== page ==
Sharry (left) and Woodvine (right) are running for the position of CUSU Access & Funding OfficerROSIE BRADBURY/COMPOSITE: STEPHI STACEY

Both of this year’s candidates for the full-time sabbatical role of CUSU Access & Funding Officer, Ashley Woodvine and Lily-Rose Sharry, had experience with the University’s access initiatives before applying to Cambridge.

Ashley Woodvine, a third year philosophy student at Catz, was the first student in her state school to apply to Oxbridge in ten years. This made the already daunting process far more difficult, as she “didn’t know how it worked” and “there wasn’t a lot of support” to remedy this – she tells me she was “far more worried and far more stressed about the process” than she should have been. Taking part in access schemes, then, “made [her] feel like Cambridge was a place [she] could go”.

Lily-Rose Sharry tells me similar. A third year HSPS student at Robinson, she attended the Sutton Trust Summer School, an access initiative she says had “such an amazing, profound impact on [her] life”. Estranged from her parents and coming from a low-income, state-school background with care experience, she explains that she “didn’t have much self-belief” before this – she went “from being very awkward about that aspect of [her] identity to going the other way, and doing as much as possible”.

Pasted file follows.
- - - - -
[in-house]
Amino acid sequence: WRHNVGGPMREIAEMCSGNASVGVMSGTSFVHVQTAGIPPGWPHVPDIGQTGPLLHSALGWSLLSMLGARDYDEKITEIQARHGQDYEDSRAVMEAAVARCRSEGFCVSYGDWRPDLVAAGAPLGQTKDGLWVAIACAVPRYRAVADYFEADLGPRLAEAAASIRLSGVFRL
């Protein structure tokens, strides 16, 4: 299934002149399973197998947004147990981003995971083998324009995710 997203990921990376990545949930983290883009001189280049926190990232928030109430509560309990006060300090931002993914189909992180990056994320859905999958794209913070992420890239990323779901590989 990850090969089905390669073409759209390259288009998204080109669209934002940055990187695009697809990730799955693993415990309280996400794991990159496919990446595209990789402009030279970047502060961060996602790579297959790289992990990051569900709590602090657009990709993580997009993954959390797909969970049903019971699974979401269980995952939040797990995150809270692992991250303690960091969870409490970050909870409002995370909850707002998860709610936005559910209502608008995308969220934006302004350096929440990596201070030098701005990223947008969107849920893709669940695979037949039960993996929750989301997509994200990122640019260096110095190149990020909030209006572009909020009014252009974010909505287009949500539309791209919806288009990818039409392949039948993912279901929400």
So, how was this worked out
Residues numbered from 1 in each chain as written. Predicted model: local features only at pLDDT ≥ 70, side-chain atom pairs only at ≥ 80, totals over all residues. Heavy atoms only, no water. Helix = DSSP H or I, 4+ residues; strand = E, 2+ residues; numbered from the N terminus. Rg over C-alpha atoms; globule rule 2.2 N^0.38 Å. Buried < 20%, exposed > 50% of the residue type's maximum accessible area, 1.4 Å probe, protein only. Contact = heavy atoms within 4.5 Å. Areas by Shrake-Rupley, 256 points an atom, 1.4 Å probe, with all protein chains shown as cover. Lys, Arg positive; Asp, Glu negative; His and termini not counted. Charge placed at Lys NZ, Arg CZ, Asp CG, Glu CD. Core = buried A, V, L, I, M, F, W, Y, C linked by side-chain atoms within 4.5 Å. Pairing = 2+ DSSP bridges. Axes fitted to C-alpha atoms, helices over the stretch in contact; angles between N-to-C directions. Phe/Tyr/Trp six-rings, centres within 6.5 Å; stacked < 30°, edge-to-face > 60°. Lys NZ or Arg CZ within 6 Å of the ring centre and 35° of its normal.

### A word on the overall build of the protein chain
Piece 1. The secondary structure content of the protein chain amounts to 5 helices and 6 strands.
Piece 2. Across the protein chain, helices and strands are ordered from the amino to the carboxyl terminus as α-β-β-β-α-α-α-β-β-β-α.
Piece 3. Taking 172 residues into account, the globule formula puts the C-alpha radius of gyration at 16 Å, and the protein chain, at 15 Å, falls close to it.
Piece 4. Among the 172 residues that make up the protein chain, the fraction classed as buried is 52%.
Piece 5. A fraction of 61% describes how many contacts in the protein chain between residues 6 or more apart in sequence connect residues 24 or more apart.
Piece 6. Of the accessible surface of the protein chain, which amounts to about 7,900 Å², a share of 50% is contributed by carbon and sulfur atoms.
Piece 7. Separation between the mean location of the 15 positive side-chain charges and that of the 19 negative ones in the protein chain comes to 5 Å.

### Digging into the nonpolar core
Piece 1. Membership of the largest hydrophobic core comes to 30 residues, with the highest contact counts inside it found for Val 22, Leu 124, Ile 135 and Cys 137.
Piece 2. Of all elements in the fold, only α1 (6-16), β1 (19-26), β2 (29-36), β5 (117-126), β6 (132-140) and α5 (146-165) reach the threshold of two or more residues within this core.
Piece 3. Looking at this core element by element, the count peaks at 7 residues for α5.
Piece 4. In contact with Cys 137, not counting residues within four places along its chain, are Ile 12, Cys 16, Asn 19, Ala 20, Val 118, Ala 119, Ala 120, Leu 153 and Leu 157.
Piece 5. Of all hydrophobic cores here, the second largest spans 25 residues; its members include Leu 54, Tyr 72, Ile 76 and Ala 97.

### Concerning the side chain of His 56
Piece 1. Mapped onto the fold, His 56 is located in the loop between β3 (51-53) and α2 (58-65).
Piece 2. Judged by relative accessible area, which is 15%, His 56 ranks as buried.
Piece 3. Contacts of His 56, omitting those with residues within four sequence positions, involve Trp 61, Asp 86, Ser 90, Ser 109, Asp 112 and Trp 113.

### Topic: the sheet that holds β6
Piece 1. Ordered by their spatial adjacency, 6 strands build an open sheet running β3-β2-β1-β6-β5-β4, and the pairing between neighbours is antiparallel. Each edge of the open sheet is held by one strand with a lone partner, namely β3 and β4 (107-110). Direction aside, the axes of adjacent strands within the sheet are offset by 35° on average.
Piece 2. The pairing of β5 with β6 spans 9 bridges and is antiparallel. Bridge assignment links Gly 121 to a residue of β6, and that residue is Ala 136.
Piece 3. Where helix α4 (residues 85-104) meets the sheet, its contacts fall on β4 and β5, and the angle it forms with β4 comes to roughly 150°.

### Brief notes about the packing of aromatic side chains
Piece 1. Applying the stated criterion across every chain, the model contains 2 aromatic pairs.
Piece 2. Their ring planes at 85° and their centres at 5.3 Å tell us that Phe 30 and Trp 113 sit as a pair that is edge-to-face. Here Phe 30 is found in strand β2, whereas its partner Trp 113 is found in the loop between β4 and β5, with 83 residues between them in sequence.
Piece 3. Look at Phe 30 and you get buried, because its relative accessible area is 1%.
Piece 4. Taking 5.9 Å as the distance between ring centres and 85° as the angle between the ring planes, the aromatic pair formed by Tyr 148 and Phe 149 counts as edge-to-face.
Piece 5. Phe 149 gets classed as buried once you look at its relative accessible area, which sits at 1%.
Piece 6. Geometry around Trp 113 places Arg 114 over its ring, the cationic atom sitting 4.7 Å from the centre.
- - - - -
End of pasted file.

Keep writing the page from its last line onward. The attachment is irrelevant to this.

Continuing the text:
For both Woodvine and Sharry, then, becoming involved with access work at Cambridge, and wishing to continue this within CUSU, felt like a natural step. Both have a wealth of experience in access work.

Woodvine, as Catz JCR Access Officer, as worked this year to “keep access issues in conversation”, working on projects such as the CAMbassador scheme and the CUSU Shadowing Scheme. She was on the inaugural Class Act committee, and is a member of the core InsideUni team, compiling and editing information on students’ interview experiences, as well as resources such as financial aid and summer schools. Woodvine has also worked at the Sutton Trust summer school, which she herself she attended before applying to Cambridge.

Sharry has also been heavily involved with access at her college: in her role as Access Officer for Robinson, she set up her own access initiative for Robinson students, teaching them how to deliver ‘Demystifying University’ talks to access priority schools. As Care Leaver and Estranged Students Officer for Class Act, she conducted a survey for Cambridge students to gather information about the support that is offered at each college, using it in discussions with the Pro-Vice Chancellor for Education. She also says she has “built up a good working relationship with the Widening Participation Office, having worked with the as a CAMbassador to deliver access programmes for young people in care. In 2018, Sharry was nominated for a Student Social Mobility Award for her work within Class Act.

Woodvine’s manifesto is divided into three main areas: collaboration, financial concerns, and application support.

She believes that there needs to be greater collaboration between CUSU’s access work and the Cambridge Admissions Office, beyond the Shadowing Scheme. She also hopes to reintroduce Access Forums to encourage JCR officers to work together, work alongside the Class Act committee, and work on Widening Participation programmes with faculties who have low proportions of state comprehensive students.